What goals do you have for your numerous ventures?
For Skin Medicinals, I’m figuring it out. It’s become its own kind of phenomenon in our field. It’s being used so widely. My questions become, “Why is insulin so expensive? In ophthalmology, why are people paying $300 with insurance for eye drops that have been around for like 20 years? Can we take that same idea and really challenge the status quo and really help accessibility for everyone across medicine?” It’s still just in my brain right now.
With Hairstim, I don’t know. It’s just a fun project, and we have so many projects. We have Aire. We help dermatologists provide products for their patients at discounted prices. That’s early in its infancy. I believe in empowering my colleagues. So, if we can provide a way for them to pick and choose the right products for patients and obviously save money for patients, it’s always top of mind. We’re going to build that with the derm field.
We have skincare lines coming out. The one that is public is with Martha Stewart. She’s like family to me. She’s somebody I talk to multiple times a week, a mentor. The cool thing that is happening now in skincare is that a lot of these things are taking the opinions of dermatologists as founding formulators or partners. I really like that. Obviously, I’m a bit biased, but we’re putting science back in the forefront. It’s not marketing.
We get to sit there with the team and really carve out a real routine that could be a beneficial for a specific population of people. We do research studies now. We’ve opened up recently a kind of skincare research institute, if you will. We’re looking at ingredients that people may not have heard of. We are looking how do we stabilize ingredients better and get better efficacy.
I think Martha coined it. She’s like, “You’re like the Willy Wonka of derm. You kind of just love building weird crazy things, exploring stuff.” It’s true. Our office is like the Willy Wonka Chocolate Factory. The skincare part is cool because it’s nice to have an impact on people who might not be able to make it to a dermatology office.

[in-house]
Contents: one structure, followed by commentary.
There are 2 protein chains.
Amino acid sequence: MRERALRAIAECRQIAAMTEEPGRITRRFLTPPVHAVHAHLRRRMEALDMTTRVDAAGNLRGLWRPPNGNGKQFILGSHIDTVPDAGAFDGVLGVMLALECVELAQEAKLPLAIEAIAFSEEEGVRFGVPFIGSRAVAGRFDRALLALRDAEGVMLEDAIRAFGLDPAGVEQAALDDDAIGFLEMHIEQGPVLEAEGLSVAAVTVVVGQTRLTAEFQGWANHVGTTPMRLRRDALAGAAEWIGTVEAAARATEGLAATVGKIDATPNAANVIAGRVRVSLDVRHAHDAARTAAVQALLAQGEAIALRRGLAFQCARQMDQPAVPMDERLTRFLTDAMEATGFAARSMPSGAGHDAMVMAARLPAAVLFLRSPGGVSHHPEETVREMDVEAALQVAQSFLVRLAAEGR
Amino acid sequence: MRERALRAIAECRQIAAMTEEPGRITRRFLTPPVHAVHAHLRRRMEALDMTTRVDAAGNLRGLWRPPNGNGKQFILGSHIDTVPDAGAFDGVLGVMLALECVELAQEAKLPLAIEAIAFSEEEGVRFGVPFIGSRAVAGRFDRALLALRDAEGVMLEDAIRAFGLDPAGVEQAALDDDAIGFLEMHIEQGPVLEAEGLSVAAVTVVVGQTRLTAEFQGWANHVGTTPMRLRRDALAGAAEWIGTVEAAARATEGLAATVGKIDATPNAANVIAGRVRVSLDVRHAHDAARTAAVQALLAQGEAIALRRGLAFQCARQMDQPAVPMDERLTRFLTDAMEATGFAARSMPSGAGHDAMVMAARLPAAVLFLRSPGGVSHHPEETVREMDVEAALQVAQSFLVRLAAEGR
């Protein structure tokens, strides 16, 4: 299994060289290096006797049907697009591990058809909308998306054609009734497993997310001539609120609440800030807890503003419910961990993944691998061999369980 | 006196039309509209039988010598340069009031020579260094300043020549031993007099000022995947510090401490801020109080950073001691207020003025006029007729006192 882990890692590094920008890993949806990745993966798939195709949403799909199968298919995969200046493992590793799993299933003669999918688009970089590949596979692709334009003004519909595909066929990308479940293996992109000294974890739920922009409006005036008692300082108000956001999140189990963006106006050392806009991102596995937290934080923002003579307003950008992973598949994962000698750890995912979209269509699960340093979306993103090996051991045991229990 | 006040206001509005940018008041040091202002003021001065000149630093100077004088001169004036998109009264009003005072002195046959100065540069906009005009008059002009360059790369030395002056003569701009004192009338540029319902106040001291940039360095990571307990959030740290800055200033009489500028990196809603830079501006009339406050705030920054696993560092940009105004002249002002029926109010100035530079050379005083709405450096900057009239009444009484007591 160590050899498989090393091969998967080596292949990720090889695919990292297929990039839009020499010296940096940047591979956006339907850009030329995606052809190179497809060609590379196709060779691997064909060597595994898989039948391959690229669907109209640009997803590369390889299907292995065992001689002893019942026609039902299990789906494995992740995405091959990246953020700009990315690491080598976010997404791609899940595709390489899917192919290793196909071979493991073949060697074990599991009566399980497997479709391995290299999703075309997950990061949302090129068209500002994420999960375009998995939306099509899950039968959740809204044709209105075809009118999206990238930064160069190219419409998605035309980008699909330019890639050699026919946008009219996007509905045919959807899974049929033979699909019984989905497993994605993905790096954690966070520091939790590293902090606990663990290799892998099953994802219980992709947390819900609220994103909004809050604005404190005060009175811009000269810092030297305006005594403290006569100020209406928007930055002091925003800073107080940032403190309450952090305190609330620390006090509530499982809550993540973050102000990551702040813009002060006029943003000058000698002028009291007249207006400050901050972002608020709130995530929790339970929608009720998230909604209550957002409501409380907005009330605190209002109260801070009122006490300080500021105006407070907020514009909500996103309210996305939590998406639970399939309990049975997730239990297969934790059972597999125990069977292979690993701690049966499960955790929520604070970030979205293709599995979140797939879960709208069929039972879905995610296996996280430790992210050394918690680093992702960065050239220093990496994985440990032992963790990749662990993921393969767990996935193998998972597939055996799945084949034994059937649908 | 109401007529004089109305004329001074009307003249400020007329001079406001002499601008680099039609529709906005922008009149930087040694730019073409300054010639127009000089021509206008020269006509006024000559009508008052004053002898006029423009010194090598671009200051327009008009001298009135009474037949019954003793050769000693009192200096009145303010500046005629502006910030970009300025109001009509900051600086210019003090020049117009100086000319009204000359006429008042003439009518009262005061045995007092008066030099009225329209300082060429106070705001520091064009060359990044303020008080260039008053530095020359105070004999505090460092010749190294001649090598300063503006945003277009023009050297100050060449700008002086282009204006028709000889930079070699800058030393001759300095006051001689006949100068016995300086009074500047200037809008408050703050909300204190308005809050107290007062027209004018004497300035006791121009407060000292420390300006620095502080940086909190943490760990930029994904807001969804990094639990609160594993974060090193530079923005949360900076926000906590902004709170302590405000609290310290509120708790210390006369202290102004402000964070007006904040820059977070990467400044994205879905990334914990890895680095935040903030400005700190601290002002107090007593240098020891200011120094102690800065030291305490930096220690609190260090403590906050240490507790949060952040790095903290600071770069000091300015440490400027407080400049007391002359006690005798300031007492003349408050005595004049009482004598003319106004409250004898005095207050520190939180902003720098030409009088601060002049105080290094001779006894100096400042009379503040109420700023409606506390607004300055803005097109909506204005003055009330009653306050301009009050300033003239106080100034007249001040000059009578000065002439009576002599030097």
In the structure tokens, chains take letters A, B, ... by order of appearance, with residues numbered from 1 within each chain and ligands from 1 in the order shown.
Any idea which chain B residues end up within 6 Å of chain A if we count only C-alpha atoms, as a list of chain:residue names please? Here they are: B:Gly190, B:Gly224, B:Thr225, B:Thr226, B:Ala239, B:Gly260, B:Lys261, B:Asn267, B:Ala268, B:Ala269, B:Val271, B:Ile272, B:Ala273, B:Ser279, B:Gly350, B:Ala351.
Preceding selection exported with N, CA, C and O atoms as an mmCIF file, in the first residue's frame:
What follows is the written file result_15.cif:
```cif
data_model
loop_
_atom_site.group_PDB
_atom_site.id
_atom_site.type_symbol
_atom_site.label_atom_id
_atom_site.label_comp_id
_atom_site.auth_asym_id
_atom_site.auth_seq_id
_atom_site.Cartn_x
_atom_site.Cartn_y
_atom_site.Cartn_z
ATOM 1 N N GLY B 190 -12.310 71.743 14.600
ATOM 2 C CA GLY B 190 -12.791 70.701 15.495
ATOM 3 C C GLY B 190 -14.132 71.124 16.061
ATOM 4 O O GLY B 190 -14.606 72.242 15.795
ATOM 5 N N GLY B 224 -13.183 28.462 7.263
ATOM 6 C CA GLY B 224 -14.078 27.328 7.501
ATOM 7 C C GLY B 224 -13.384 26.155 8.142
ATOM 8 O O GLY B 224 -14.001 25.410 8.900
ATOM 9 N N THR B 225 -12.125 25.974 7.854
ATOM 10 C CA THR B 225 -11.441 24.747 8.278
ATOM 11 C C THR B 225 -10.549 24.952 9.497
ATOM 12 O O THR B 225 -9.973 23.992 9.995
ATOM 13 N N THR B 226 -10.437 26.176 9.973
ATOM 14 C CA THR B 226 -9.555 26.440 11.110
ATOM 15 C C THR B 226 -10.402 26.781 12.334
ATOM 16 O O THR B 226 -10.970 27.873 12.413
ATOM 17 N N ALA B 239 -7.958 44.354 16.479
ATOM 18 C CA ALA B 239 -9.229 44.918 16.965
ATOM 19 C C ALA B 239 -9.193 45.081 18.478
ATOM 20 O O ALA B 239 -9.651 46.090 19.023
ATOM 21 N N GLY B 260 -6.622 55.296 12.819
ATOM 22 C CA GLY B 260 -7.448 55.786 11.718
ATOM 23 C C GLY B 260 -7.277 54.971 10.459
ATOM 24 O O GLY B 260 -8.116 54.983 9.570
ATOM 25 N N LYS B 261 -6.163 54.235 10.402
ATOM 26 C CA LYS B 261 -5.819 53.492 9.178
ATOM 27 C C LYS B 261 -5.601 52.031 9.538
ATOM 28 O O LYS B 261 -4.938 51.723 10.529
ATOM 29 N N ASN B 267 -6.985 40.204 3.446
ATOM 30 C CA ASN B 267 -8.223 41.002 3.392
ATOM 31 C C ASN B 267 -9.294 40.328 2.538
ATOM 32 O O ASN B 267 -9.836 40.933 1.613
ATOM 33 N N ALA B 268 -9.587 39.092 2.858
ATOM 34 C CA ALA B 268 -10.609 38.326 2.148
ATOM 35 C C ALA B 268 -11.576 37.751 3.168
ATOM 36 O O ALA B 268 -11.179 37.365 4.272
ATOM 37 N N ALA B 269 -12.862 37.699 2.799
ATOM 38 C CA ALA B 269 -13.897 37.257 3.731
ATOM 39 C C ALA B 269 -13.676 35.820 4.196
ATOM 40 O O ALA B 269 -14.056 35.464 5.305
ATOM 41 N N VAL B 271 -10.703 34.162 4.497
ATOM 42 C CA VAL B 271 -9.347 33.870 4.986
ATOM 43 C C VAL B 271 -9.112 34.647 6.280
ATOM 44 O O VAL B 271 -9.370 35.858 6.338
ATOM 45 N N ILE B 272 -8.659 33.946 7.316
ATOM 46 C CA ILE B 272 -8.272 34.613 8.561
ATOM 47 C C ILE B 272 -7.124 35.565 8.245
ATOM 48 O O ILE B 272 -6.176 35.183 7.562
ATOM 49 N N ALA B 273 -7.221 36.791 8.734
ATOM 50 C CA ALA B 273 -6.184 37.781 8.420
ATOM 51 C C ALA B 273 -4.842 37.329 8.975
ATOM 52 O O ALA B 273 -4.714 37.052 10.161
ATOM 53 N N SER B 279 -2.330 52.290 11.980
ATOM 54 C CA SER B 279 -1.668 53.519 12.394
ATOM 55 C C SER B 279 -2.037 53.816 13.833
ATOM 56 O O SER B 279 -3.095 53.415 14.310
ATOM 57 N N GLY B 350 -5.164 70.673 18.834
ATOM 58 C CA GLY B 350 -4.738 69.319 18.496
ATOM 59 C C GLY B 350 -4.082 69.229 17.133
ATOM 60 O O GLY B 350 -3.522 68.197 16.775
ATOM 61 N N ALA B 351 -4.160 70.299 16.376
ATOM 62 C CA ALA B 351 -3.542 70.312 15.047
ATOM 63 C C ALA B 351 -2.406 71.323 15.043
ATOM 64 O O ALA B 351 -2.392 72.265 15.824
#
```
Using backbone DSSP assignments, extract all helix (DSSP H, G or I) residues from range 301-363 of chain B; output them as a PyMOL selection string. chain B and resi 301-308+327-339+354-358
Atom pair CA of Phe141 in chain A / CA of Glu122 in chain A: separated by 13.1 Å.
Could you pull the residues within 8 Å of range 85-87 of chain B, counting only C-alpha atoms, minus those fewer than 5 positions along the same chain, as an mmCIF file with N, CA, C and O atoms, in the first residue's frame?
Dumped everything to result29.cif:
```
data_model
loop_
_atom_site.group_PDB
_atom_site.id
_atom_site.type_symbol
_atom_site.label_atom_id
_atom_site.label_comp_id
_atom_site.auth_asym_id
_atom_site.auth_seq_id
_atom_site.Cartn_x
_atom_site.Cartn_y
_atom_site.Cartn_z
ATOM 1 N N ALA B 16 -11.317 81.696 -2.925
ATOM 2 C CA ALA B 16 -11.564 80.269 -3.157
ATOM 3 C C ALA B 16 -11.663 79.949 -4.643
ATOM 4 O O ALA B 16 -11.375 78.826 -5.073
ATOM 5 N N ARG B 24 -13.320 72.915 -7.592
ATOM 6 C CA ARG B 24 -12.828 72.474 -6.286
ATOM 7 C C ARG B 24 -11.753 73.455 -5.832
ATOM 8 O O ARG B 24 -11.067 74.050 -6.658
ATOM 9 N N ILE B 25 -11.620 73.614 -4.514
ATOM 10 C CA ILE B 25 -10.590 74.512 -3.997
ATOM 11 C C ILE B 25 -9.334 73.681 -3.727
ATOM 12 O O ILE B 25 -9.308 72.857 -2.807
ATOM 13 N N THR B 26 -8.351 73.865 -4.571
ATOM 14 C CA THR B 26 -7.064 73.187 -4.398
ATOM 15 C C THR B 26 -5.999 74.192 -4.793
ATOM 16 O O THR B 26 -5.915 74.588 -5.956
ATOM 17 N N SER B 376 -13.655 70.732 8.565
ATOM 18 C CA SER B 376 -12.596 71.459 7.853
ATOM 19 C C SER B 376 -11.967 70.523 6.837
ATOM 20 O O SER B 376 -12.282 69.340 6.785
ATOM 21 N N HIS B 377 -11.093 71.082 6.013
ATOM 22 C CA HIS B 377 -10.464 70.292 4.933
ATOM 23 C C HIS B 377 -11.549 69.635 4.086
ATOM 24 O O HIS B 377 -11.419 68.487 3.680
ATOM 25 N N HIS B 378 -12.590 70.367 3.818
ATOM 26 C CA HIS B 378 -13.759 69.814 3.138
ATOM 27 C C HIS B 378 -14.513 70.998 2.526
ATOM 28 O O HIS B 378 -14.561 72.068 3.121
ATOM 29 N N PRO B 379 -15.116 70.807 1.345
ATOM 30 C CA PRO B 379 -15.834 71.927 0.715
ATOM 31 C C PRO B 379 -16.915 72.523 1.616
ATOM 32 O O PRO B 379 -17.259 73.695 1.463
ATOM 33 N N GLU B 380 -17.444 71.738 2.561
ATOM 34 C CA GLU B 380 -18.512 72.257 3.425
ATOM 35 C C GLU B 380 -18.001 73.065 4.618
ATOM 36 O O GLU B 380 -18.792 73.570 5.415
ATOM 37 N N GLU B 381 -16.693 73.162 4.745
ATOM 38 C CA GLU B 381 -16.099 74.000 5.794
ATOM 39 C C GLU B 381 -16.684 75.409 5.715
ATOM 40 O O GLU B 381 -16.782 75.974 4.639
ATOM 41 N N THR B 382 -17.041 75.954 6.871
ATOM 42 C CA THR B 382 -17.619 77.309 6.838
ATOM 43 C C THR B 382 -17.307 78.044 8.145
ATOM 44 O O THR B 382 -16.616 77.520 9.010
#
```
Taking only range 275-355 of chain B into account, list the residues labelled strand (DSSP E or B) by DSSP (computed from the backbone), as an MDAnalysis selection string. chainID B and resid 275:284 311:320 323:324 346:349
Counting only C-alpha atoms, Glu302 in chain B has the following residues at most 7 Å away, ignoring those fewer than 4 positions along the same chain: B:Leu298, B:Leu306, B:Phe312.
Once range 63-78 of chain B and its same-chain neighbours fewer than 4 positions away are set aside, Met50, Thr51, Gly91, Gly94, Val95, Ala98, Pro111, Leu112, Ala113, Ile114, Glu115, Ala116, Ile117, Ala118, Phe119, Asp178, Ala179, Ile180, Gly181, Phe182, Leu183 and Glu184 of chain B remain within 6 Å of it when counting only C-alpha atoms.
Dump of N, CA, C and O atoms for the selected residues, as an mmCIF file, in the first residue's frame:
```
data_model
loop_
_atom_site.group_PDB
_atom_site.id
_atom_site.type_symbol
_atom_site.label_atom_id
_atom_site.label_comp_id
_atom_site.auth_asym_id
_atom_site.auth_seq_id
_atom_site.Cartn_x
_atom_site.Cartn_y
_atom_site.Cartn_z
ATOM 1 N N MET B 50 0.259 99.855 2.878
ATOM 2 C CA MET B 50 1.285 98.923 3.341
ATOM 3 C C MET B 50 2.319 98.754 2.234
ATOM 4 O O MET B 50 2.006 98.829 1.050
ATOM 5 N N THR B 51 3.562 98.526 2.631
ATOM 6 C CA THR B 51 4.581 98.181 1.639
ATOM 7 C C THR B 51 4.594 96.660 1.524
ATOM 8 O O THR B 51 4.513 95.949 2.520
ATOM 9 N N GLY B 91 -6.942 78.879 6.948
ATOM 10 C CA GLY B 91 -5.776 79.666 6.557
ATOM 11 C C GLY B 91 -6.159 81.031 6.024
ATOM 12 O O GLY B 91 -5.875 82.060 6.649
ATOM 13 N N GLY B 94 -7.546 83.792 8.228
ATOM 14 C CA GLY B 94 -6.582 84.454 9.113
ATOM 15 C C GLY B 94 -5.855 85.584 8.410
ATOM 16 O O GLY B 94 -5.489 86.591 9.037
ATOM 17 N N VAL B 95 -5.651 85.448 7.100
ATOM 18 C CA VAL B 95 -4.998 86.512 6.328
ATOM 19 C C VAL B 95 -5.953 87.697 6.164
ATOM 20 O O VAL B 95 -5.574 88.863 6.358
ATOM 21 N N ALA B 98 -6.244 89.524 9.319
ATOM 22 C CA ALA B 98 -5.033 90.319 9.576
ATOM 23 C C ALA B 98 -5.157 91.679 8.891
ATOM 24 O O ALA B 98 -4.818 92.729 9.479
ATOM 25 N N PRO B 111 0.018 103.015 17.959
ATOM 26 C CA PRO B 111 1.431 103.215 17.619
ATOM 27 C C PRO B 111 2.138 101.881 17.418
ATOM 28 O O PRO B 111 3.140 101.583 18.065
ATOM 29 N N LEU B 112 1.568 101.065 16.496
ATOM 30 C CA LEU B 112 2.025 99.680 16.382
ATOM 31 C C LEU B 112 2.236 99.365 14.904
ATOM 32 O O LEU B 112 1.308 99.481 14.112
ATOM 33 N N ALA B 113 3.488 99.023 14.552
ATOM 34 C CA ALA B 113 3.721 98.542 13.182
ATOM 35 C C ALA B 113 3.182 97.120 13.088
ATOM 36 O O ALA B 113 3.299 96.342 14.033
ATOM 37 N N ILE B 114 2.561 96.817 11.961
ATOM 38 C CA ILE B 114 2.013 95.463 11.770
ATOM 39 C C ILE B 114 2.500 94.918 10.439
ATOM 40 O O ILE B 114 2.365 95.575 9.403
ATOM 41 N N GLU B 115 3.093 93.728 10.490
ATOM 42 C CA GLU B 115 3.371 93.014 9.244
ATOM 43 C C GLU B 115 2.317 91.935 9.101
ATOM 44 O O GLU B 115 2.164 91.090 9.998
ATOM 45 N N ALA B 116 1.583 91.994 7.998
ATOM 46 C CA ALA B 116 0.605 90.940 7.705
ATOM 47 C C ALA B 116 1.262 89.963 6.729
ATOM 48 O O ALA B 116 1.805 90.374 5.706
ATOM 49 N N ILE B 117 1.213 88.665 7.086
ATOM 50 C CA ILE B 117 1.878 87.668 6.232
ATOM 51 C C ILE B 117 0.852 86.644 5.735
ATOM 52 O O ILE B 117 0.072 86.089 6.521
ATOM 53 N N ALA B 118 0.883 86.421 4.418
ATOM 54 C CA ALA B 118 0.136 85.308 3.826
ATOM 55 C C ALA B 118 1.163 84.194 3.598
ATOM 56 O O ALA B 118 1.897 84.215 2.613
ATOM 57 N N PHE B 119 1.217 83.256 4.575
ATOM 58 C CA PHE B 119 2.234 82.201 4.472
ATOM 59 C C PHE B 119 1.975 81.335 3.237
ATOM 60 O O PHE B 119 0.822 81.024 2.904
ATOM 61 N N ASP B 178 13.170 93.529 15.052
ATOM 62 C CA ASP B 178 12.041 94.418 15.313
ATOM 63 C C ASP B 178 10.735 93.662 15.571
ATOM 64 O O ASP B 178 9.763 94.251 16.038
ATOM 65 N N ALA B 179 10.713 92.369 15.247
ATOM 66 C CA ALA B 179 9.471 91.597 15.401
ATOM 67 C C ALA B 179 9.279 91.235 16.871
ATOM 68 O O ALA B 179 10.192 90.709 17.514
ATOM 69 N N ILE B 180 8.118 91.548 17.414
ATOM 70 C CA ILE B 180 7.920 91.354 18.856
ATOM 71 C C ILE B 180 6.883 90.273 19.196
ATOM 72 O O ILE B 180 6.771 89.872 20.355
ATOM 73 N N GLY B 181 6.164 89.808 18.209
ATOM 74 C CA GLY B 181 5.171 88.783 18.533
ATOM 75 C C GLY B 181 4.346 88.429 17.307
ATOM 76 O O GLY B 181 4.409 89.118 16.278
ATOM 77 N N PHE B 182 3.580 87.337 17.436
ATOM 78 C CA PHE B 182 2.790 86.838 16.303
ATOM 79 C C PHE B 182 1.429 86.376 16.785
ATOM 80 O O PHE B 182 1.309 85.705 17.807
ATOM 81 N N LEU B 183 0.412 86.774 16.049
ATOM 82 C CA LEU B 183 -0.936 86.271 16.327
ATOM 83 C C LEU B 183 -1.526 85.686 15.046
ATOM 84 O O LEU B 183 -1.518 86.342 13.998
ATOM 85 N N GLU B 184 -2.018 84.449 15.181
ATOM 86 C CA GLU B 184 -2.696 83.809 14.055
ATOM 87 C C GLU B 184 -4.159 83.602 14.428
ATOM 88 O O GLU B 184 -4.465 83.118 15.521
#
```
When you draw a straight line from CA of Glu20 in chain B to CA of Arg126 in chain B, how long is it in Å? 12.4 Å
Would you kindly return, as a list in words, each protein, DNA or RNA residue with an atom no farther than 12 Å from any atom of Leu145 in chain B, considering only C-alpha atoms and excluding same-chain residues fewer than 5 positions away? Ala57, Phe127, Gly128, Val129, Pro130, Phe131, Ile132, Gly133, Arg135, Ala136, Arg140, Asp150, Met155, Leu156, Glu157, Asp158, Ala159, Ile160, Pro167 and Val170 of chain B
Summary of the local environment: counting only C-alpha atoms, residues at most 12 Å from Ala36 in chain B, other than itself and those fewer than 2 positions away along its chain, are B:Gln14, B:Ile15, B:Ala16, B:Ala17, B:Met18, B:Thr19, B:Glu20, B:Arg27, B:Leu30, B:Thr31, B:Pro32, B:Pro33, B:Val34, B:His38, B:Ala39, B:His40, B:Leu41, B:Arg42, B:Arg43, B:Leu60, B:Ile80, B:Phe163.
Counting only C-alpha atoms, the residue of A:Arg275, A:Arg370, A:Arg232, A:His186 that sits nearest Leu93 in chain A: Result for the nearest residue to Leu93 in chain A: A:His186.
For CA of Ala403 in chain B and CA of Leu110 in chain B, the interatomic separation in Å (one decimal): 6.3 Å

What are your thoughts on clean beauty?
I like how Charlotte Palermino—she’s a friend—talked about it. She’s like, “Look, a lot of the clean beauty messaging comes from brands who sell clean products.” It’s hard to figure out what you believe if they’re just fearmongering. I have to be practical, right? If you drink too much water, you can get sick. Water’s a very clean ingredient. Anything in excess can be bad for you. You have to always be careful with what you’re doing. There’s always more nuance than just saying something is bad or good. I think context is really important.
I like ingredients with purpose. That’s my big thing. Why are you putting a certain ingredient in there? Everything should have a reason for being in there. I’m a minimalist. I don’t think you need to have 8 billion actives to make a good formula. I feel like the marketing and messaging, it’s so dramatic and, a lot of times, unfounded. They’re turning what could be such a good thing into something that might not be as good as we had hoped it to be. That worries me.
What do you think will be the lasting impacts of the pandemic in terms of skincare and haircare?
There’s more of a mindfulness in life for all of us. We’re more educated in terms of what we put on our face and into our bodies. We’ve gone away from 15-step skincare routines to keep it minimal because the skin has become way more sensitive. In terms of hair loss, it’s probably the No. 1 thing we’ve seen a bump in at our office.
We’ve all given ourselves more grace. Pre-pandemic, somebody had a pimple, it was like end of the world. Now, it’s like, “Eh, whatever, put a little star patch on it or just let it be, let it breathe, and it’s fine.” I think we should all understand that there’s things to get overworked about and things that you don’t need to. It’s kind of nice that people are being nicer to themselves.
This interview has been edited for clarity and brevity.